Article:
Close readers of SearchCIO will have heard of the book Lean Startup by Eric Ries. His idea is that startups that...
quickly produce a prototype, get it out the door and let their potential marketplace weigh in are way ahead of the crowd. Instead of spending time honing the perfect product, these startups march through an iterative cycle of hypothesis, test, learn and adjust and voila!, outdo the competition. As you can imagine, the concept is now catching on big time with the big guys.
Any data scientist (or reasonably observant person) also knows, however, that for hypothesis and experimentation to work, you need good data. Enter Lean Analytics: Use Data to Build a Better Startup Faster, one of the newest installments in the Lean series. One area that authors Alistair Croll and Ben Yoskovitz focus heavily on is the importance of good metrics. Not the vanity kind, they say -- those cherry-picked numbers that dress up a product's viability and are beloved by marketing -- but metrics that are core to growing the business (or an IT department, for that matter).
"You have to be able to show quantitatively that customer behavior that matters to the business case you're working on is being improved as you go from iteration to iteration," explains Ries, who curates the Lean series. In other words, iteration for iteration's sake doesn't cut it.
That kind of science-y, Lean analytics approach helped Airbnb Inc. increase its business five-fold, according to Joe Zadeh, head of product and innovation. The San Francisco-based company provides an online platform that connects individuals who have space to rent for short-term stays with travelers in need of lodging. When listing an available apartment, room or even house to rent, "hosts" can also provide images. That got the company to thinking, Zadeh said at this year's The Lean Startup SXSW in Austin, Texas: What if Airbnb started offering professional photographers to hosts? Would it improve how often a piece of property was listed?
The testing phase started small; a year and a half later, the experiment turned into hiring 20 photographers who produced hundreds of shoots a month. The trend caught on and grew so steadily, the company had to build new tools and establish new image standards for the site.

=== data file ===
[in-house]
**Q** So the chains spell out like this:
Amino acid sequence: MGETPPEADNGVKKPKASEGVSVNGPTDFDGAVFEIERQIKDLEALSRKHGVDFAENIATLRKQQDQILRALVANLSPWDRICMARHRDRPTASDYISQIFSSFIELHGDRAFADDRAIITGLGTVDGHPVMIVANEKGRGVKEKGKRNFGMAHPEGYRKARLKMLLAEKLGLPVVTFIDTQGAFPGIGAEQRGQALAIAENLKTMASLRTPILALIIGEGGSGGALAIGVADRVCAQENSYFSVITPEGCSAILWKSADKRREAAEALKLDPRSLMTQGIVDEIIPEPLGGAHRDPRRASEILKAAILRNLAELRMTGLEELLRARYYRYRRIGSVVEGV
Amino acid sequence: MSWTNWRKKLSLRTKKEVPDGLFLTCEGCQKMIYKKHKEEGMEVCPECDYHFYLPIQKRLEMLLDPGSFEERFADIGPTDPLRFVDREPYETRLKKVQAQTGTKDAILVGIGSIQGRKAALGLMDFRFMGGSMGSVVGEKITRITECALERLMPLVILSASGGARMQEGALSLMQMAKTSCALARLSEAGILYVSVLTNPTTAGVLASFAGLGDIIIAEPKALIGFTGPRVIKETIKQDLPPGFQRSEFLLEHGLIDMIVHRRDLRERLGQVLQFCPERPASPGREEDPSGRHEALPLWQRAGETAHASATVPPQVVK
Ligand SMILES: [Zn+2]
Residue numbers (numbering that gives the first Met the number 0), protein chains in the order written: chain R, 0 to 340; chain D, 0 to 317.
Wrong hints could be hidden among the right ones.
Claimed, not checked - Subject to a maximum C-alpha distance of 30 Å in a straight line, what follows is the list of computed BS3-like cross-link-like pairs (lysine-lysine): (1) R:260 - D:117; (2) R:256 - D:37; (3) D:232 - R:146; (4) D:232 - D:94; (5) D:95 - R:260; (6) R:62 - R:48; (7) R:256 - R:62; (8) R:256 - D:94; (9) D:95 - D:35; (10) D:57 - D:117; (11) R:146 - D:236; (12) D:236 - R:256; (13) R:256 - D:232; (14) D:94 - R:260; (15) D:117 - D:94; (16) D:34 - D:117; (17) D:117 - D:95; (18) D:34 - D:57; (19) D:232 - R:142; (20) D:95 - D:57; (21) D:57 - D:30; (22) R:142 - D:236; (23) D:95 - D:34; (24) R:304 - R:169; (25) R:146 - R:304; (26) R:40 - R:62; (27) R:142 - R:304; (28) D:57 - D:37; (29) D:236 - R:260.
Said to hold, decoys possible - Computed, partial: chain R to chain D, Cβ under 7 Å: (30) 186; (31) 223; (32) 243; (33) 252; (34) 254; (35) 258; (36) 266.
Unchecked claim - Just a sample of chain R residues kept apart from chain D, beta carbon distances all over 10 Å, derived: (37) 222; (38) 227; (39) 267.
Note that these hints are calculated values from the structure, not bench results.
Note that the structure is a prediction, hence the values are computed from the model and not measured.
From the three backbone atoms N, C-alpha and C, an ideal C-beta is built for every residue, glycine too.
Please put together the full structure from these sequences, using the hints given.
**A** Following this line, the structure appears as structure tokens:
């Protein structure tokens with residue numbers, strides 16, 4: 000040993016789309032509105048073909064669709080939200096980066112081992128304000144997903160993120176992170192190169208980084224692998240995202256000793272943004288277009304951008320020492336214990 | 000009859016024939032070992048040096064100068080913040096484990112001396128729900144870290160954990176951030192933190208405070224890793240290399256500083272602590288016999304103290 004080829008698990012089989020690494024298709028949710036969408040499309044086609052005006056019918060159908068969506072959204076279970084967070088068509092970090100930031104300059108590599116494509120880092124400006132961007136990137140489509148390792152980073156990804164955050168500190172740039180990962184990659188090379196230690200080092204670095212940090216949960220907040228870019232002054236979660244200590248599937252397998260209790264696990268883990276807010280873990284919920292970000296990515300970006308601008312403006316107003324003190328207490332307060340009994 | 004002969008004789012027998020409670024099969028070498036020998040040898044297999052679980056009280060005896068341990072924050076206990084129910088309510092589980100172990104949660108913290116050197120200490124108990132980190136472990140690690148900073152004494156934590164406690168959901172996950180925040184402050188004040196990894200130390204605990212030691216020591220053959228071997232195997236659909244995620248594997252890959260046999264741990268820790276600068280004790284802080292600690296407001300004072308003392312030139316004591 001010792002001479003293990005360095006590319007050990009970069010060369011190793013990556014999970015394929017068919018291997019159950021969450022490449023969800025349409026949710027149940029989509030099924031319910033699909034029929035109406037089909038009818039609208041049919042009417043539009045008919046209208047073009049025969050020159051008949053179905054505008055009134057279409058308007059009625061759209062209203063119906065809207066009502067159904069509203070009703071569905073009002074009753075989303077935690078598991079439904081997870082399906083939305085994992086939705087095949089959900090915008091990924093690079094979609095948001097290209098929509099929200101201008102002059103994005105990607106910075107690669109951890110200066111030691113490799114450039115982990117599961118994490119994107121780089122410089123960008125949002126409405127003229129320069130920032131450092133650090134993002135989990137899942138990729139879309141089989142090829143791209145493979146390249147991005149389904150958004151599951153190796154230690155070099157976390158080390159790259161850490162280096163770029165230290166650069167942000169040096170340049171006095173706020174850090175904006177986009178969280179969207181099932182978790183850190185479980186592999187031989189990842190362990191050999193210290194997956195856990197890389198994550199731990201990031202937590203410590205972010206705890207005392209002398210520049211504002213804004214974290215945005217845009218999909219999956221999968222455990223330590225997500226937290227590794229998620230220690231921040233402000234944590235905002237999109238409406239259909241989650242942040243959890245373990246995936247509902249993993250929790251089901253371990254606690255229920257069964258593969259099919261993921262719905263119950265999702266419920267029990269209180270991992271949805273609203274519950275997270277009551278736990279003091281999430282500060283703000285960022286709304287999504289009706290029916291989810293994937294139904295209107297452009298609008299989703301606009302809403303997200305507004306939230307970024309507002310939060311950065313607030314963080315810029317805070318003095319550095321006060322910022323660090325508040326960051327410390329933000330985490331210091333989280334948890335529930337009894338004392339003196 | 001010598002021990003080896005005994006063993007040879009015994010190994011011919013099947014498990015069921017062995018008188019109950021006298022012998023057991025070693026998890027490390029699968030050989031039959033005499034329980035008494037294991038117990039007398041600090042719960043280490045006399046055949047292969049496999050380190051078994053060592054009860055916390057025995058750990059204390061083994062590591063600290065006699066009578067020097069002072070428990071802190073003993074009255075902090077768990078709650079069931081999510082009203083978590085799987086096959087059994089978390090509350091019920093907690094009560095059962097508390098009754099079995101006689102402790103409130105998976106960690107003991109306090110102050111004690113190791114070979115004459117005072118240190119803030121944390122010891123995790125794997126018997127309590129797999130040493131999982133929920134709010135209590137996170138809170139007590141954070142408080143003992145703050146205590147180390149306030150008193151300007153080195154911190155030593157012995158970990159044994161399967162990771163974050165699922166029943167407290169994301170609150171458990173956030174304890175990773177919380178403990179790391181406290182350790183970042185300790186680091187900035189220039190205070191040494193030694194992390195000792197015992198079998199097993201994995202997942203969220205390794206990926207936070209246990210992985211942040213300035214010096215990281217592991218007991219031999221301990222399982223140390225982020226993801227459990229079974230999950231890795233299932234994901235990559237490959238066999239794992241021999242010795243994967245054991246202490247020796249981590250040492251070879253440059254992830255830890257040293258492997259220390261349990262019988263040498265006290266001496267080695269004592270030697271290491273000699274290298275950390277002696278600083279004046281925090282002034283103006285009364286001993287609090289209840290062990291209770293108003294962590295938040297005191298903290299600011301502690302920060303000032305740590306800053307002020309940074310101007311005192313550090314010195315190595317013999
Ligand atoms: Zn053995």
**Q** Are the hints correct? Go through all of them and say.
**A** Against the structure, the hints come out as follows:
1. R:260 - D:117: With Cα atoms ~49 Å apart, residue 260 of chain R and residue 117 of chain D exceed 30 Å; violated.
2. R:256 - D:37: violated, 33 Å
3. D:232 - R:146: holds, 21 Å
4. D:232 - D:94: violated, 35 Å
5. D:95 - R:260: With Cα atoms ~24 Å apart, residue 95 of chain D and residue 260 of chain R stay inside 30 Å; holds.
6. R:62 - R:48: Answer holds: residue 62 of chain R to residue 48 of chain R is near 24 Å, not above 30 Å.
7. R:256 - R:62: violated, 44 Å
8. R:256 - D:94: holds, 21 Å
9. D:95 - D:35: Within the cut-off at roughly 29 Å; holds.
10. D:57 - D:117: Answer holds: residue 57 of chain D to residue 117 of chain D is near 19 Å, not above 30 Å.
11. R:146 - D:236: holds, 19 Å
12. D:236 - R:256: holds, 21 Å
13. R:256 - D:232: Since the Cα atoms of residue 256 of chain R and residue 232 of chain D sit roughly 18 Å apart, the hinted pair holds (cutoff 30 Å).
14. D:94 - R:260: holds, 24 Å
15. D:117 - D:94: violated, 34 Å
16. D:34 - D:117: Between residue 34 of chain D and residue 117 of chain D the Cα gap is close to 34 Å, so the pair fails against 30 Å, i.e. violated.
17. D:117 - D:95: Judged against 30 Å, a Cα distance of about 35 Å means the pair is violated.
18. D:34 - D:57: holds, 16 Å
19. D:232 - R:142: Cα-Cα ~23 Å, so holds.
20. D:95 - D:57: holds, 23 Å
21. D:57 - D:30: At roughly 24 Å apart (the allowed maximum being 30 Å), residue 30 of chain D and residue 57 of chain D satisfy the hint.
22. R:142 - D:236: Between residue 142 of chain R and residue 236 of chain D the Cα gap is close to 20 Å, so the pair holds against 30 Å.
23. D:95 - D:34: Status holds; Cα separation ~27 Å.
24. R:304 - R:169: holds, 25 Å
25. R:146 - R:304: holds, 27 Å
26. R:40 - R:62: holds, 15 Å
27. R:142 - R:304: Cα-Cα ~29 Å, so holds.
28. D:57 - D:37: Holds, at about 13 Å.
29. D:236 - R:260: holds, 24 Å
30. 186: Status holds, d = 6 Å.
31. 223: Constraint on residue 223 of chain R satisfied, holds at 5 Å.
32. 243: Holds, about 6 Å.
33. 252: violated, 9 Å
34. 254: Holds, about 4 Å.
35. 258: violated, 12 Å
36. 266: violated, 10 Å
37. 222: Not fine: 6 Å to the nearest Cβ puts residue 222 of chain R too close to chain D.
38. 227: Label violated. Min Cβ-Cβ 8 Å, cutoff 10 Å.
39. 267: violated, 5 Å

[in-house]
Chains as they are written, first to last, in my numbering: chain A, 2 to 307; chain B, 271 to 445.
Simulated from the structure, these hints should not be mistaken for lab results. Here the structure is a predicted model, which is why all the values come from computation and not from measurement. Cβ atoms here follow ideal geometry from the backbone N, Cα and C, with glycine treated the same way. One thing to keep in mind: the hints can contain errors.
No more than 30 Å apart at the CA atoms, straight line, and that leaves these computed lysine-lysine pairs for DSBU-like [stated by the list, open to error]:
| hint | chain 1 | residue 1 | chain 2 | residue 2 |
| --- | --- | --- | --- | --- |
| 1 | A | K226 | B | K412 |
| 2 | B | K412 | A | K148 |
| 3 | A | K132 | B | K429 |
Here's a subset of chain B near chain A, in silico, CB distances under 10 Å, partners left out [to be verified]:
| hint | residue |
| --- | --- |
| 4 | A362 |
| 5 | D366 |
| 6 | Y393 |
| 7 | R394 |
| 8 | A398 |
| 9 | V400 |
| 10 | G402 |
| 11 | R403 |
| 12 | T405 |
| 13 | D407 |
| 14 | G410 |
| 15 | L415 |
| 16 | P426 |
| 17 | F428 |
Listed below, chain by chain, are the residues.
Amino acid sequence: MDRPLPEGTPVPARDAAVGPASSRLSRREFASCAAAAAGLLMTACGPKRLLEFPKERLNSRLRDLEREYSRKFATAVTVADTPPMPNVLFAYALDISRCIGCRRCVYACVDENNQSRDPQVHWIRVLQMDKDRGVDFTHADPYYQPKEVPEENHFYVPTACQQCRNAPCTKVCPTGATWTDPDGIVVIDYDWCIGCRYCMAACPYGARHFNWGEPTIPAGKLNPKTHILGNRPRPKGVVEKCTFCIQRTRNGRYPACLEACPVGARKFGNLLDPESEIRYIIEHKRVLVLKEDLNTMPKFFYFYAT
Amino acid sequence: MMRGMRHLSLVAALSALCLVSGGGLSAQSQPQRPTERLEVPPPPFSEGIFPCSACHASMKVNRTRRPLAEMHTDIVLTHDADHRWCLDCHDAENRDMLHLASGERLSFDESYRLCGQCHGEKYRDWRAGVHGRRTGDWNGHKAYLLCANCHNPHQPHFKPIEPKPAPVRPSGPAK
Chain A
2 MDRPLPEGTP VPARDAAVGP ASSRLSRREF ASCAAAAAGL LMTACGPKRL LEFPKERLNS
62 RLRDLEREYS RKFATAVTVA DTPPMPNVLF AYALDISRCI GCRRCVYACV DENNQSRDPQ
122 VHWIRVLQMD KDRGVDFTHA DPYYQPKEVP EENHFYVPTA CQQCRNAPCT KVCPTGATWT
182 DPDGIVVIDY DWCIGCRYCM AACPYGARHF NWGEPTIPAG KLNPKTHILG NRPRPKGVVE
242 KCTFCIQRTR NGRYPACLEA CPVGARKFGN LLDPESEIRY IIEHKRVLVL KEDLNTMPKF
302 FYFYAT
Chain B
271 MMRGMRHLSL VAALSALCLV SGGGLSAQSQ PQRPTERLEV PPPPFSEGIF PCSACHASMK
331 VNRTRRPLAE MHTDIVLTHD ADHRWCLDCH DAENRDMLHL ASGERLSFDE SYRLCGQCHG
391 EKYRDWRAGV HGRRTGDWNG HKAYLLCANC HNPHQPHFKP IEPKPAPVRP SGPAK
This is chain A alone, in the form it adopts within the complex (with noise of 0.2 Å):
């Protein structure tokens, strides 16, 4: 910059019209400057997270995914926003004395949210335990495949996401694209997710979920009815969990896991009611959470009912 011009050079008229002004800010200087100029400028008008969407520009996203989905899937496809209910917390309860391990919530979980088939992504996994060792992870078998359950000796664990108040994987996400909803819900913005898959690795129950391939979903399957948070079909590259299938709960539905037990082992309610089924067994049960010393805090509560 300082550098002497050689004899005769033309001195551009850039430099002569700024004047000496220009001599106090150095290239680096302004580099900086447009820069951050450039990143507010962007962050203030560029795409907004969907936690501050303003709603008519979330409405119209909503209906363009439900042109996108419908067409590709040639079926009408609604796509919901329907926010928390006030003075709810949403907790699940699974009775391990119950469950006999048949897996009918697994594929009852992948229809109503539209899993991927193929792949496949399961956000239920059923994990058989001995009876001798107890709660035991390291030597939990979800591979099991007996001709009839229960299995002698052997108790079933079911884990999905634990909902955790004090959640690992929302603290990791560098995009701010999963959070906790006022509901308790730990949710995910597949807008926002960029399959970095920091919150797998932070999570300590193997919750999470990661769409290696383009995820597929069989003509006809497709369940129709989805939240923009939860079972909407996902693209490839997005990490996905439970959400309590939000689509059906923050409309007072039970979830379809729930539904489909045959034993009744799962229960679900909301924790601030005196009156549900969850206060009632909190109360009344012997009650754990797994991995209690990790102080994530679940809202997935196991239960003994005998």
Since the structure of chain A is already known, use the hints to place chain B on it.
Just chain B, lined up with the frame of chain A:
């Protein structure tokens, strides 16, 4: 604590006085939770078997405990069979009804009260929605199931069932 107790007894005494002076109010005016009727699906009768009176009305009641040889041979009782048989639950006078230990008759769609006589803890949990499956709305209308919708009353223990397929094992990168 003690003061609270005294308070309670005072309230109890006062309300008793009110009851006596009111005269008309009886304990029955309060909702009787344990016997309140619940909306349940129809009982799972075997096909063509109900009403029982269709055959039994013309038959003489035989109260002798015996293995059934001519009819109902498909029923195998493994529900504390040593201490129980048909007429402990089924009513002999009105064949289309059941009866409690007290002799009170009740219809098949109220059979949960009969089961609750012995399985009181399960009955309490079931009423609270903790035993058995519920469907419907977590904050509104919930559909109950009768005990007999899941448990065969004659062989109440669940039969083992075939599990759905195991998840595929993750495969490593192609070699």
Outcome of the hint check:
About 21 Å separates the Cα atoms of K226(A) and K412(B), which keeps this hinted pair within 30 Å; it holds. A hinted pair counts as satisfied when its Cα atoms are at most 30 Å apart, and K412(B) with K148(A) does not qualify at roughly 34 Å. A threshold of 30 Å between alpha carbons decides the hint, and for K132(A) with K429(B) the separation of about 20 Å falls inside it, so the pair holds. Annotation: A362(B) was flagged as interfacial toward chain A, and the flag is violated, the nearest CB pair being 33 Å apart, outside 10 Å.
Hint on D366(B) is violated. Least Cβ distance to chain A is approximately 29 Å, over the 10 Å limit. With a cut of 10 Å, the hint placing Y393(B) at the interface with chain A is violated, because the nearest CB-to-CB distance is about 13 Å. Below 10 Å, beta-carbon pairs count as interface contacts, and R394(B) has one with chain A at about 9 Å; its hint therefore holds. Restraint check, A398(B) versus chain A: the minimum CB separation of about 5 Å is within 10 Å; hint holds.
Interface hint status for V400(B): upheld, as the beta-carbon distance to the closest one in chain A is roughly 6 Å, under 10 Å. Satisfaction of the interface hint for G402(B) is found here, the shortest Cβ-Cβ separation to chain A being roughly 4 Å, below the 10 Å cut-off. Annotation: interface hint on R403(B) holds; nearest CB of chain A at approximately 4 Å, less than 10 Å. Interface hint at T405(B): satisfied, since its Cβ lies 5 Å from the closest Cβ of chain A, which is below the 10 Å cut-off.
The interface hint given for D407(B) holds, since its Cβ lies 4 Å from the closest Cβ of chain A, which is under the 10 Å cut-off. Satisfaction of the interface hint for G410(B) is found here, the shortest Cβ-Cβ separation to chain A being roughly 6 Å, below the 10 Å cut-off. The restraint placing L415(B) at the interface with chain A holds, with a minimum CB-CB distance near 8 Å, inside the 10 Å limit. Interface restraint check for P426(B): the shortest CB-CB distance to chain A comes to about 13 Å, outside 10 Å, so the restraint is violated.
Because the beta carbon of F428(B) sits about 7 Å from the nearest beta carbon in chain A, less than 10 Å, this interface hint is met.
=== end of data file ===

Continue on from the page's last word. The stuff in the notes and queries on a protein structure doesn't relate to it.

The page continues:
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In three years, the number of nights booked through Airbnb went from less than one million to almost five million. And sure, Zadeh said, professional photography can't take all of the credit, but it certainly helped.
Data-driven vs. intuition
Turning startup success into a scientific experiment takes the guesswork out of the equation. It's another example of the "data over intuition" model that's making its way across today's businesses -- from retail to banking and beyond. Yet becoming too data-driven without intuition isn't an automatic recipe for success. The truth is, you need both, said Ries during a recent webinar on Lean analytics.
Here's how he put it, invoking the greatest scientist who ever lived: "When you ask, 'Was Einstein data-driven or intuition-driven?' you immediately see what a dumb question this is, because there's no science without a good hypothesis, and there's no substitute for the fact that people who have creative genius [and can] make that intuitive leap are critical to any kind of discovery," he said.
The good news for all of us non-geniuses: Business intuition is a learned behavior; it is a skill developed using the data that comes out of successes and failures, Ries said. Live and learn.
The Agile life
We recently reported on a surprising turn of events for a New England grocery chain that decided to dump its customer loyalty program in an effort to provide lower prices across the board. But now we're hearing that Shaw's will be dumping more than just that. Its parent company, Cerberus Capital Management, is closing six stores in New Hampshire. They're not alone; another New England-based chain, Stop & Shop, will be closing six of its stores in that state as well.
One theory as to why? According to New Hampshire's The Union Leader, both chains clung to customer loyalty programs and failed to adjust that business model when the economy tanked. That gave competitors known for their always-low prices, such as Market Basket, the upper hand. Sounds like another argument for Agile to me.